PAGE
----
“As he approached Jerusalem and saw the city, he wept over it and said, ‘If you, even you, had only known on this day what would bring you peace—but now it has been hidden from your eyes.’” –Luke 19:41-42
My first couple days in Israel have been absolutely incredible. God has provided for me in a million ways, some of which I will describe here but there are perhaps too many to write down (John 21:25). So I think I will use this blog to be a bit more reflective of my time here.
The first thing one becomes immediately aware of is the geographical intimacy of Israel. When my adult friend Nick (who works for the UN in the Palestinian territories) picked me up in Tel Aviv, I was about 10 miles from the Mediterranean. Within 20 minutes of driving, I was in Occupied territories in the West Bank. Later, he took me to Jericho—one of the few autonomous Palestinian cities and firmly within the Occupied Territories—and from there I could see Amman, the capital of Jordan. So the first thing one I’ve understood is the extreme proximity of everything in Israel. In less than 2 hours of driving I had completely passed through Israel proper and nearly arrived at the next nation’s border.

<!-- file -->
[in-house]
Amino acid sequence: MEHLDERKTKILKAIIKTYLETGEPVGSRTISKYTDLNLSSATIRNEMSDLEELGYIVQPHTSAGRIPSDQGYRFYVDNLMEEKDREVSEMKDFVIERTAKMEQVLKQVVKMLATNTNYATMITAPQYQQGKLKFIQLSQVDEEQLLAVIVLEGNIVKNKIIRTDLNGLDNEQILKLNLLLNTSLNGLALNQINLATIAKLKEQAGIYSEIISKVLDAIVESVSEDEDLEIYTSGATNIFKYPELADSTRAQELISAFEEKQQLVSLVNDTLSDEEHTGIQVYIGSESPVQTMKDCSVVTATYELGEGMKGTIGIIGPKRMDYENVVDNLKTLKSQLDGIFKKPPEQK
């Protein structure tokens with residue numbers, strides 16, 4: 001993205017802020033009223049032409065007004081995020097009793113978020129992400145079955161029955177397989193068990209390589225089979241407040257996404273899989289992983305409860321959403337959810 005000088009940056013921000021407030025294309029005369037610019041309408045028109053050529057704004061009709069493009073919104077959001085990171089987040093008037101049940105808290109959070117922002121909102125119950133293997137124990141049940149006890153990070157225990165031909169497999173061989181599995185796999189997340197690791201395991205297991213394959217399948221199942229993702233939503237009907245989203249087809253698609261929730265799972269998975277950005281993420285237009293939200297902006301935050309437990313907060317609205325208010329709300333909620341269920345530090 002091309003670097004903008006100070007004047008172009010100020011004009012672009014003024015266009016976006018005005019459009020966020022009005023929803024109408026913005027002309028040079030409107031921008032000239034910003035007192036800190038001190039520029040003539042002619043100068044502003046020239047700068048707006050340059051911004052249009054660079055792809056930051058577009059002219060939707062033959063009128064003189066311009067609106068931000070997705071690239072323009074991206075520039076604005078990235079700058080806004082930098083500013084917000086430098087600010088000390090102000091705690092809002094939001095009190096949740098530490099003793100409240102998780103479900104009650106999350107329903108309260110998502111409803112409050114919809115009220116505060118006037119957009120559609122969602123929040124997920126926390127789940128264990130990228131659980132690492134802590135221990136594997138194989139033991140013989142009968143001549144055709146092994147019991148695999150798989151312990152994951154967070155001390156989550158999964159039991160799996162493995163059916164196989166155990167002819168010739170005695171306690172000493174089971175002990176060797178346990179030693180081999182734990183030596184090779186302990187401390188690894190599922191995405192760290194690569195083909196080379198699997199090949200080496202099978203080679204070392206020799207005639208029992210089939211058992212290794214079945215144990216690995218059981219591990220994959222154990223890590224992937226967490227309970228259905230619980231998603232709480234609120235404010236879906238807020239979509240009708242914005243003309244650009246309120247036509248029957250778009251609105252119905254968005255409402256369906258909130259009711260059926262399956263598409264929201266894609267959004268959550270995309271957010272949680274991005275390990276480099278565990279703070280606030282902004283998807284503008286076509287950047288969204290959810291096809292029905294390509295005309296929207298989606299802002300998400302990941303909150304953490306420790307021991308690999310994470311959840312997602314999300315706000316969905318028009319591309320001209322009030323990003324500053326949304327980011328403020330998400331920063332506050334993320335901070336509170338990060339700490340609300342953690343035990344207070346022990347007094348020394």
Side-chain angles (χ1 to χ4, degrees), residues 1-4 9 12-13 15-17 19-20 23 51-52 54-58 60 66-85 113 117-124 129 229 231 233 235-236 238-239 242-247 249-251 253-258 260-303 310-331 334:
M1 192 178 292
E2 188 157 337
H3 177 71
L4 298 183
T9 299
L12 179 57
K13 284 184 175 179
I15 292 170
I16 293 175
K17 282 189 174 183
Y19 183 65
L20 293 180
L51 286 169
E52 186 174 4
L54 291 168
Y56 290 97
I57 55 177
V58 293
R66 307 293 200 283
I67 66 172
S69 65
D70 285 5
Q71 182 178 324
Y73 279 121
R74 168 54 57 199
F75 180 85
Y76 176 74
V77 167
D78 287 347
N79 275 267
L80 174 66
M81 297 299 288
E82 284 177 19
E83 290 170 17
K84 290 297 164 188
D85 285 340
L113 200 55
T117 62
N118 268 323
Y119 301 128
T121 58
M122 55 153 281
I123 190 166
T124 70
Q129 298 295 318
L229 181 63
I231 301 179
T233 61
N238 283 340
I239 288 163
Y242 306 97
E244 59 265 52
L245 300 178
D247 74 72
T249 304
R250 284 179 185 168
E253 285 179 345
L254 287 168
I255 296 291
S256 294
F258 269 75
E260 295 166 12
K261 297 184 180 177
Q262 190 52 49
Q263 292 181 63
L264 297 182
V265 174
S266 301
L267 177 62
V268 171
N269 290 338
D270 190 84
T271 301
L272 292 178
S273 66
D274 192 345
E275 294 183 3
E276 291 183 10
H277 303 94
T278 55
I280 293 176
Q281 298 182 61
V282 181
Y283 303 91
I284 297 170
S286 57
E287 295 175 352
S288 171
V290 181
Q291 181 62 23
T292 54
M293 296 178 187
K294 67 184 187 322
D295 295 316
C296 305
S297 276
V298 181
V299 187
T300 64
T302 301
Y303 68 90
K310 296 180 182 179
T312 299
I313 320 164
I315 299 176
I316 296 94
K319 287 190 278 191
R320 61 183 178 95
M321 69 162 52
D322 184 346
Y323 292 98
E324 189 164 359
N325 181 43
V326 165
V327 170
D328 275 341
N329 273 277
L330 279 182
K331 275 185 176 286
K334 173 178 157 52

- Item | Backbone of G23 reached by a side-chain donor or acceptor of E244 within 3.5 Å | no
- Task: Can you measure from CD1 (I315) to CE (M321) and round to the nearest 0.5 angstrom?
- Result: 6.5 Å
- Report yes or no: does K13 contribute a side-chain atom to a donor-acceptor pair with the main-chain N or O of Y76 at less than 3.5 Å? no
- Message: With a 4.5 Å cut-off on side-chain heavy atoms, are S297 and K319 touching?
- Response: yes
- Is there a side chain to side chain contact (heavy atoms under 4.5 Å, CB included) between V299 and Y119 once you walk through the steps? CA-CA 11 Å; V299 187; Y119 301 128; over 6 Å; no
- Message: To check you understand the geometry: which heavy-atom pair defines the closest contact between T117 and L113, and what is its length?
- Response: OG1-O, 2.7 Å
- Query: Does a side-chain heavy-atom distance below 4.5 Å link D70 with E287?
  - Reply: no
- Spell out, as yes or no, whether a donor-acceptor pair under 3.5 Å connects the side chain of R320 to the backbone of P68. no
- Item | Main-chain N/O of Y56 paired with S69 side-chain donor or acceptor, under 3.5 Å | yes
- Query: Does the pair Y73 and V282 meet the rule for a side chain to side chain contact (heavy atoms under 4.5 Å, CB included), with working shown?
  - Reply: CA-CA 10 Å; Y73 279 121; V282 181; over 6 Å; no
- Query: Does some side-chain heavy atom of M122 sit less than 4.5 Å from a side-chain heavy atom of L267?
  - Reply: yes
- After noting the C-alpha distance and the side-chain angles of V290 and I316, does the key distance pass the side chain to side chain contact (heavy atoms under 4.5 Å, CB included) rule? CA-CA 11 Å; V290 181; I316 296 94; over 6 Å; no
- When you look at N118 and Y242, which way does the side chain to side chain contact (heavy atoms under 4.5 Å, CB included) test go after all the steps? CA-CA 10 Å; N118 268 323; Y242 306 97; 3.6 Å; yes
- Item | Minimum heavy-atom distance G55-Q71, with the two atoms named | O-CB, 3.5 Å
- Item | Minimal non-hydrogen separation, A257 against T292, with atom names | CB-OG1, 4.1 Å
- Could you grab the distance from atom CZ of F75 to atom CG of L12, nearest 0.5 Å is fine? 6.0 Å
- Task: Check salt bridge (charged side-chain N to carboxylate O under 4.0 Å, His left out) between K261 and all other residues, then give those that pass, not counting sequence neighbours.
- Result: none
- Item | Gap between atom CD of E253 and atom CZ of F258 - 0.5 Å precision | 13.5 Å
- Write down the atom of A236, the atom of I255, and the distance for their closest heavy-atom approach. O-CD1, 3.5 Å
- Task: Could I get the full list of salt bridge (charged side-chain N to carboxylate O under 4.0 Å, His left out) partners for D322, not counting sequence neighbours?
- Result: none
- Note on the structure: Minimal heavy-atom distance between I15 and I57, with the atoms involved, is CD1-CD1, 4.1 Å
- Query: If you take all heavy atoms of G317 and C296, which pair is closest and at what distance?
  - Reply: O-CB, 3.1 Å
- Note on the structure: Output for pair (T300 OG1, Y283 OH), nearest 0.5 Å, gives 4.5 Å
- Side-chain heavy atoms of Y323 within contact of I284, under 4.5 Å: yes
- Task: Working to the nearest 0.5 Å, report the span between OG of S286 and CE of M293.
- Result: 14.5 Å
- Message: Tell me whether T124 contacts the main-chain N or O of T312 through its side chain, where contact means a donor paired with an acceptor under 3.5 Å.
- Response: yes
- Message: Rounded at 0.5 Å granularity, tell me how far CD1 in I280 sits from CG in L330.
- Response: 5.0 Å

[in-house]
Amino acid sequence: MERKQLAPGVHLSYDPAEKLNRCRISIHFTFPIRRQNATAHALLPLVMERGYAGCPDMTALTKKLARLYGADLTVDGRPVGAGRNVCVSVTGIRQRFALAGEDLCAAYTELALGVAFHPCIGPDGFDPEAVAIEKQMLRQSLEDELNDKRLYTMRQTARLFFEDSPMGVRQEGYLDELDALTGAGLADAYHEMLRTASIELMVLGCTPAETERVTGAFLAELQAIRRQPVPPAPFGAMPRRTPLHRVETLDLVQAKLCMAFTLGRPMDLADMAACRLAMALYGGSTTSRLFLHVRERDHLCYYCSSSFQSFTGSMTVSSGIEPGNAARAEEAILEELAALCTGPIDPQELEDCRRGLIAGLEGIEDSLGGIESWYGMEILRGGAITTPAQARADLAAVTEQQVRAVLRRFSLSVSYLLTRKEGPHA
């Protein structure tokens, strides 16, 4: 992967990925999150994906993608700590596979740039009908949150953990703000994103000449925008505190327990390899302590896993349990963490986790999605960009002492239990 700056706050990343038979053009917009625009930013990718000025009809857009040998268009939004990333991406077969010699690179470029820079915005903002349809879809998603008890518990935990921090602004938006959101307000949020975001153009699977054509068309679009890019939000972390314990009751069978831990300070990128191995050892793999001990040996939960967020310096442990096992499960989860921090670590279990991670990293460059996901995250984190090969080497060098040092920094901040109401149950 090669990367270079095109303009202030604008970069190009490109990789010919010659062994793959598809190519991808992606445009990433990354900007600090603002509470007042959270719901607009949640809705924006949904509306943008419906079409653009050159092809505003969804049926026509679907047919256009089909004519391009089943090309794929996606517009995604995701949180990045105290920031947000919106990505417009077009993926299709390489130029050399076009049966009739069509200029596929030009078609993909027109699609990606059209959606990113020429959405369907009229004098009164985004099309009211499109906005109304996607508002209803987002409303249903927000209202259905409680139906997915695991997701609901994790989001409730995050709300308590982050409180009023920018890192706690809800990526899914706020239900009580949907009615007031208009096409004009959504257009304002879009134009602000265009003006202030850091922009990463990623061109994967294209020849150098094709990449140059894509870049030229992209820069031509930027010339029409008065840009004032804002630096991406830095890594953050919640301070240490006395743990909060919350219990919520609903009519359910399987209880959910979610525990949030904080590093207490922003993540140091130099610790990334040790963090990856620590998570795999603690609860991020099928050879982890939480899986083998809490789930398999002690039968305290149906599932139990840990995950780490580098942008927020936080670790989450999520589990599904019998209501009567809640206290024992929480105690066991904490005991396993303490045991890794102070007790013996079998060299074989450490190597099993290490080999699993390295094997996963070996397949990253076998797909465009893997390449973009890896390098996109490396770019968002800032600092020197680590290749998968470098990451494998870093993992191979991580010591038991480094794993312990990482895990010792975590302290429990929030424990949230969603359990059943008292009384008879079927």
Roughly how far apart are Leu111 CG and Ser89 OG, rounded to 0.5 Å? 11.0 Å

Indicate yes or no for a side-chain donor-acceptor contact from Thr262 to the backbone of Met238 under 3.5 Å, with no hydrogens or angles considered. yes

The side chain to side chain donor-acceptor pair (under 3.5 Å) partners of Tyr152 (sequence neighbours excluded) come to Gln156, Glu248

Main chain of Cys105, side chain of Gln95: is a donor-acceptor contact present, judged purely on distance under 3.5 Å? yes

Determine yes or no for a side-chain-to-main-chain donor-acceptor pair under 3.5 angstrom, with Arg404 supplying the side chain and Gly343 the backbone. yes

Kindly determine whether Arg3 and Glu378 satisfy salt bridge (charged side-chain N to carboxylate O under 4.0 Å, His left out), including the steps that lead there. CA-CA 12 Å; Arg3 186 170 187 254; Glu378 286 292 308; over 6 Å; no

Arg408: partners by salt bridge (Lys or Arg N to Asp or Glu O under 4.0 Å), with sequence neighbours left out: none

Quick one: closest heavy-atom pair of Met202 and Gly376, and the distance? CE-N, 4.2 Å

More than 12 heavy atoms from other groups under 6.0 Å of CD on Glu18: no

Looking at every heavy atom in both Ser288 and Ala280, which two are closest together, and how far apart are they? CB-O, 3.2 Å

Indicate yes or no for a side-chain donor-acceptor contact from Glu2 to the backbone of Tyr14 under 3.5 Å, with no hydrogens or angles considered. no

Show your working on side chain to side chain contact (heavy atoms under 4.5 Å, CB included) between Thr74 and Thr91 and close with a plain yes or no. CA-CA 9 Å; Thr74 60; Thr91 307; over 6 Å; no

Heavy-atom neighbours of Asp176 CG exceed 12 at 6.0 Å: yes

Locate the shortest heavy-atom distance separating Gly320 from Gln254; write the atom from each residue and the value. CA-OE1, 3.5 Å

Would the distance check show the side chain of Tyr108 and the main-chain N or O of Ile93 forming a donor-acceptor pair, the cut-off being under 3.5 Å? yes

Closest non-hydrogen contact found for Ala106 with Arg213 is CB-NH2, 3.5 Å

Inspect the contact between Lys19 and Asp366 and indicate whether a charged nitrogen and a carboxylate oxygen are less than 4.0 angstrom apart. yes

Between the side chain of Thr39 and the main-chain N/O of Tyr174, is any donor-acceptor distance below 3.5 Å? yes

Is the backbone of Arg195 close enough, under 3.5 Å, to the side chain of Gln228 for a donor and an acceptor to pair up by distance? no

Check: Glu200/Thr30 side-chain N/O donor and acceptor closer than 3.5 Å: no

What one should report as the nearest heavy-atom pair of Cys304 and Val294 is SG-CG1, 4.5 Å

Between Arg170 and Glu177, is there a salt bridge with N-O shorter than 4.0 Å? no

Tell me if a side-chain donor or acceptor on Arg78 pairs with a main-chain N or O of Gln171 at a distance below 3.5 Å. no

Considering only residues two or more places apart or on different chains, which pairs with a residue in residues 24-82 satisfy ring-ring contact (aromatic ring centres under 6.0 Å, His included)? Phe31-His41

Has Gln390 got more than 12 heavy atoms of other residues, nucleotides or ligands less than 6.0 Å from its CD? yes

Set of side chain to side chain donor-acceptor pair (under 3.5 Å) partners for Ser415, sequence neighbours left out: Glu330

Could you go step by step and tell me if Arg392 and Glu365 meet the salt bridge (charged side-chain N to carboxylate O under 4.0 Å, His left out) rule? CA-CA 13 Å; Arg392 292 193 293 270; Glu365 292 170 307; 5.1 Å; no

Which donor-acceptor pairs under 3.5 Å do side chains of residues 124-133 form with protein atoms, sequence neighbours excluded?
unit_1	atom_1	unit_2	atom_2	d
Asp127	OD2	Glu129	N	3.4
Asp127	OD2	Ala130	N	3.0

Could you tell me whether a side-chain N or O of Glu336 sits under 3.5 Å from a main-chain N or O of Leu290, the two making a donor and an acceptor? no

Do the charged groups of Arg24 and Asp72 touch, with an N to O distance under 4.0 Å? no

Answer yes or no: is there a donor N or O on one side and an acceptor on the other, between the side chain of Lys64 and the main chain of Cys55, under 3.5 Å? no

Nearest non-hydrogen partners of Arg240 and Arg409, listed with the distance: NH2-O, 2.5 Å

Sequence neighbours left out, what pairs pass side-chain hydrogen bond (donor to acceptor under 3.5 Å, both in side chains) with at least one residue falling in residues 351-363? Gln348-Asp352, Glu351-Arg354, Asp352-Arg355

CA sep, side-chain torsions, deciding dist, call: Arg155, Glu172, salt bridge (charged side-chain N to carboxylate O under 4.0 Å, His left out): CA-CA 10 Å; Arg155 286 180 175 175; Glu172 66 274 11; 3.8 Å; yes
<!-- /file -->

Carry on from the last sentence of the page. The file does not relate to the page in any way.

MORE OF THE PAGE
Along the way, Nick pointed out settlement after settlement, nestled on ridges and hills, walled off and inaccessible to Arabs or even outsiders in general. He explained the process: Israelis would build a hut or two within Palestinian territory, and then slowly expand it to a few families. Soon they would receive military protection and so gain a status as being legitimate. In would pour more families, until soon the community had hundreds or even thousands of persons within it.
In theory I already knew this. Seeing it in person was a different story. Each settlement was a walled off compound, usually bordered by Palestinian communities on either side of it. In Israel, building a building (in Palestinian territory) is often an act of aggression. It takes land used to pasture livestock, cuts off roads used to travel to work, and can disrupt ecosystems. But it’s more personal than that: on the drive to Jericho, Nick pointed out a hill completely covered with tree stumps, but no trees. I figured it was due to deforestation, but he told me that local Israeli settlers, angry at having an expansion project halted, cut down all the Palestinian’s olive trees in spite. Moreover, since the land was permitted to be used for military (though not residential) use, they put a police station on the top of a deserted hill—in the middle of the wilderness, far from any cities or neighborhoods. Just to stick it to the Palestinians.
On the other hand, Palestinians can be violent toward even innocent encroachers on their “turf”. Nick spoke of rocks being hurled at him when he made the mistake of going on a run that passed through a Palestinian neighborhood.
I could tell more stories, but I think you get the picture. Land is tight, and tensions run high. The building of a single house or a single misstep is an act of aggression. Despite—or perhaps because of—the walls, security, and M-16s, Jerusalem still has not found true peace.